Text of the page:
Sunday, August 20, 2017

Margaretha Pink (about 1825 – May 1890), my third great-grandmother

Germany
Map By NuclearVacuum (File:Location European nation states.svg) [CC BY-SA 3.0 (http://creativecommons.org/licenses/by-sa/3.0) or GFDL (http://www.gnu.org/copyleft/fdl.html)], via Wikimedia Commons


Hancock County Ohio, USA
Map by By David Benbennick [Public domain], via Wikimedia Commons




I don’t know enough about my third great-grandmother to write my normal profile on her. This post is to set out what I think I know so far, and indicate areas I need to explore later, more of a status report than a profile.

Shortly after I started with the family genealogy Mom gave me a hand-drawn Snyder family tree (her father’s side of the family) drawn out by someone prior to her – she wasn’t sure who – and some notes of her grandmother (Pearl Pauline Bailey Snyder) talking about her memories of her parents and grandparents and those of her husband, Phillip Snyder. I subsequently received another similar (not quite the same) copy of the hand-drawn tree from one of my Mom’s cousins. Those documents were my starting point in tracing back my Snyder lines. They have proved to be largely, but not entirely, accurate.  Two of the parts that turned out to be, I think, incorrect, are the names of my third great grandmothers on my two Snyder/Schneider lines.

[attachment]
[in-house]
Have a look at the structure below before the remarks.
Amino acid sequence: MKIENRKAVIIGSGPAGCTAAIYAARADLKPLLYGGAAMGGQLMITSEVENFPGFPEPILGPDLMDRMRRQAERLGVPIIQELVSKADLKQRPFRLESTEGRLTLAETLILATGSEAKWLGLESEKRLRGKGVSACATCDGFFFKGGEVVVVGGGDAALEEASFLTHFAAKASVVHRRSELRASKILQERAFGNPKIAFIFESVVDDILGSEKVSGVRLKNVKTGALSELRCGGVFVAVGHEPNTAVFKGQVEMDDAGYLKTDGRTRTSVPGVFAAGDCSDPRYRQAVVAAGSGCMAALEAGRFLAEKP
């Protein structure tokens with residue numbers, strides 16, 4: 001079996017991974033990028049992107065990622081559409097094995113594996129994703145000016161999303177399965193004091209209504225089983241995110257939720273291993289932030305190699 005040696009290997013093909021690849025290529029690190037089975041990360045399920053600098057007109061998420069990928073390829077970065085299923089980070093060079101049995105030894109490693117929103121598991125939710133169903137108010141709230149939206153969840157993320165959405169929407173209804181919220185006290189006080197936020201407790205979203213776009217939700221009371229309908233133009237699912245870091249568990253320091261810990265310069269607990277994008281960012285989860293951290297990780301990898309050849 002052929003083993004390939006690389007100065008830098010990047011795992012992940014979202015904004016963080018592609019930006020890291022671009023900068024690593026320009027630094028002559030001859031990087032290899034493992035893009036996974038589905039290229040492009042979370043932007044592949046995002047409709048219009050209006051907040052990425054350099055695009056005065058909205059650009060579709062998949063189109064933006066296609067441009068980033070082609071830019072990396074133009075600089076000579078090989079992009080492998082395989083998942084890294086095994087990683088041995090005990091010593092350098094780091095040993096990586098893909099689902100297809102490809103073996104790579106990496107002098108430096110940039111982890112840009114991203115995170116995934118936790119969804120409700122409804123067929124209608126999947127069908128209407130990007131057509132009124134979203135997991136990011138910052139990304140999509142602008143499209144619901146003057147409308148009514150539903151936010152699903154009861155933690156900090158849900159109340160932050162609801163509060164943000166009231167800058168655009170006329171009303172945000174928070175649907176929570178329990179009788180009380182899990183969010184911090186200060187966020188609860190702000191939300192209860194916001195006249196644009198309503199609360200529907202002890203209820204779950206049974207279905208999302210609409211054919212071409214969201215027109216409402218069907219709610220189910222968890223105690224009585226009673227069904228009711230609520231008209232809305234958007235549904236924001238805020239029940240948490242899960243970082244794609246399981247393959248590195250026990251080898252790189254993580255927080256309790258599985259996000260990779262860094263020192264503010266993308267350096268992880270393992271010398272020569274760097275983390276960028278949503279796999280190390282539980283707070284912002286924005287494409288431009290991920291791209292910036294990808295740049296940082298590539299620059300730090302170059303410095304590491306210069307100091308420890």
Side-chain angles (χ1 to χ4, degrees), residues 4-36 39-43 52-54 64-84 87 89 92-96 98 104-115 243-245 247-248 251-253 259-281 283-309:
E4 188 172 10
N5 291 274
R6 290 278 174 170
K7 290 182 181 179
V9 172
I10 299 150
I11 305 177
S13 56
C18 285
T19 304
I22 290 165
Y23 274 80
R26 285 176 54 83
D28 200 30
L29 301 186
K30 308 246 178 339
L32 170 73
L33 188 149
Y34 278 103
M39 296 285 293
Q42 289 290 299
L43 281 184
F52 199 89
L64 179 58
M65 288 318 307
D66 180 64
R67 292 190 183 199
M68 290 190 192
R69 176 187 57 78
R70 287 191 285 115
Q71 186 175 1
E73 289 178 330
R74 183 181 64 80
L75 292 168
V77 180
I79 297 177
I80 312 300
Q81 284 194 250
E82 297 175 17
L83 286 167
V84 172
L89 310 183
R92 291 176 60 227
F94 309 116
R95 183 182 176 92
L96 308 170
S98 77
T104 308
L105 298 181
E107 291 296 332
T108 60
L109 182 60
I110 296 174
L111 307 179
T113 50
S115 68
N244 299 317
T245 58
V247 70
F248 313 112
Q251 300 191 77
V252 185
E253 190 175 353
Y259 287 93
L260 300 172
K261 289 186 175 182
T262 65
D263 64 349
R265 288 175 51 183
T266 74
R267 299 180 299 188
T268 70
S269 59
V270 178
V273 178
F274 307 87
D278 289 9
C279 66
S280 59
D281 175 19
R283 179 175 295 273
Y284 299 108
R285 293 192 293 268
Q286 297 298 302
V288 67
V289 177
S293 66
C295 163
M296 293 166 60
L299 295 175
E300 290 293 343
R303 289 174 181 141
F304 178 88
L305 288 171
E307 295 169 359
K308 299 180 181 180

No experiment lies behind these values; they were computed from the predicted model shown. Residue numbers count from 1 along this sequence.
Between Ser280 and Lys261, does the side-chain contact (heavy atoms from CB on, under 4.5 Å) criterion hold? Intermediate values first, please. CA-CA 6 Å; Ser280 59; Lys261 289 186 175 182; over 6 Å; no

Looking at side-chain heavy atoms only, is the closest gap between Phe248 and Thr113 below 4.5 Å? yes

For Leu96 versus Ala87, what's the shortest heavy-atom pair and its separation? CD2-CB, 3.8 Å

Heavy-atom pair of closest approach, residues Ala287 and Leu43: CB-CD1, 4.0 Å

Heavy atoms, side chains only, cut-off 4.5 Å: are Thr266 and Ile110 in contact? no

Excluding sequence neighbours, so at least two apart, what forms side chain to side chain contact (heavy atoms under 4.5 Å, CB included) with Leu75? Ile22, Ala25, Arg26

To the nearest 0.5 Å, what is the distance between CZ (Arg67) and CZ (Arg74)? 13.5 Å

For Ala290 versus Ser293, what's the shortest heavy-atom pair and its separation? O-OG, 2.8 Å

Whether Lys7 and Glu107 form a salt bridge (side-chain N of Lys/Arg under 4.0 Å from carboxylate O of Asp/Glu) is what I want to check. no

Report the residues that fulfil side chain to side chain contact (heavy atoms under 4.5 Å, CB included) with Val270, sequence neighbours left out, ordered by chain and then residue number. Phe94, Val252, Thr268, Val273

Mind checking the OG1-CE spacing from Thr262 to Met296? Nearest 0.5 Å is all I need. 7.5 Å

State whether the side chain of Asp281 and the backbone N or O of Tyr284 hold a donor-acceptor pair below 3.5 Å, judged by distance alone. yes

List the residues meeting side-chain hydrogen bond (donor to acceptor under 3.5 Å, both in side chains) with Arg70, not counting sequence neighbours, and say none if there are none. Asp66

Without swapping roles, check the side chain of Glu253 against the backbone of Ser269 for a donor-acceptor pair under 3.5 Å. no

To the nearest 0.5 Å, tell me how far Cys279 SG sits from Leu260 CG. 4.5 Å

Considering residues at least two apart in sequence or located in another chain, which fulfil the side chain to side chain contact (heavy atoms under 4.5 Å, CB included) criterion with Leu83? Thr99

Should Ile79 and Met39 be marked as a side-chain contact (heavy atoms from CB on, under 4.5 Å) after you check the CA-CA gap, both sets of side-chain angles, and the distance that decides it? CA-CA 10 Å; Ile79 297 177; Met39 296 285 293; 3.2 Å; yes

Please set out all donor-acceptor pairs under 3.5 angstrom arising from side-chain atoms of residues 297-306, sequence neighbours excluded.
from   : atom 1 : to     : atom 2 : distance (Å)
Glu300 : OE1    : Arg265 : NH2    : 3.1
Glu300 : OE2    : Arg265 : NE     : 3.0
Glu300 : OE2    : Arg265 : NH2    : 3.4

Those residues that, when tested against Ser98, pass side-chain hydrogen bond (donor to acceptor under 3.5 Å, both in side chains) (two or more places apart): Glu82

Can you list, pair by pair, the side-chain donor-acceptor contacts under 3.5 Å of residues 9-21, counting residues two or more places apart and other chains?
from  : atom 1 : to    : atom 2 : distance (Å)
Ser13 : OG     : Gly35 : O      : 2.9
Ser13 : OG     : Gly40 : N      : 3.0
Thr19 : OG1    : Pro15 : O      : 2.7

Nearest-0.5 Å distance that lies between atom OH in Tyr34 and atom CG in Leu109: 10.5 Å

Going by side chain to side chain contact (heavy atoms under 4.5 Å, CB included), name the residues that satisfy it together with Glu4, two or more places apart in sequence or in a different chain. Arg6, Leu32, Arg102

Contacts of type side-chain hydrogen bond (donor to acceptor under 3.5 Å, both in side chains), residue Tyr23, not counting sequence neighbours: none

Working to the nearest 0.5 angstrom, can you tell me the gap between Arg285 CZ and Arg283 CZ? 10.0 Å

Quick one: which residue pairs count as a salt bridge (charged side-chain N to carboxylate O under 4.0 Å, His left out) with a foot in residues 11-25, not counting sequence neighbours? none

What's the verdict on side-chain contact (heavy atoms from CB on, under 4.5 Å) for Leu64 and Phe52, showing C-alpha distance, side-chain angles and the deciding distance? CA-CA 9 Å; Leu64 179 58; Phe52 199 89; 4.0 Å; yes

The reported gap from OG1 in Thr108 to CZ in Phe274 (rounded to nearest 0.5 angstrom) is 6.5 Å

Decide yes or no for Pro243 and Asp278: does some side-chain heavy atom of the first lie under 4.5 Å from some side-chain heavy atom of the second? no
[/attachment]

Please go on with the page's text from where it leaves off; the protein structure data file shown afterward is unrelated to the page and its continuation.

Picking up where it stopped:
Climbing My Family Tree: Snyder Tree that Mom gave me  (not entirely accurate)
Snyder Tree that Mom gave me (not entirely accurate)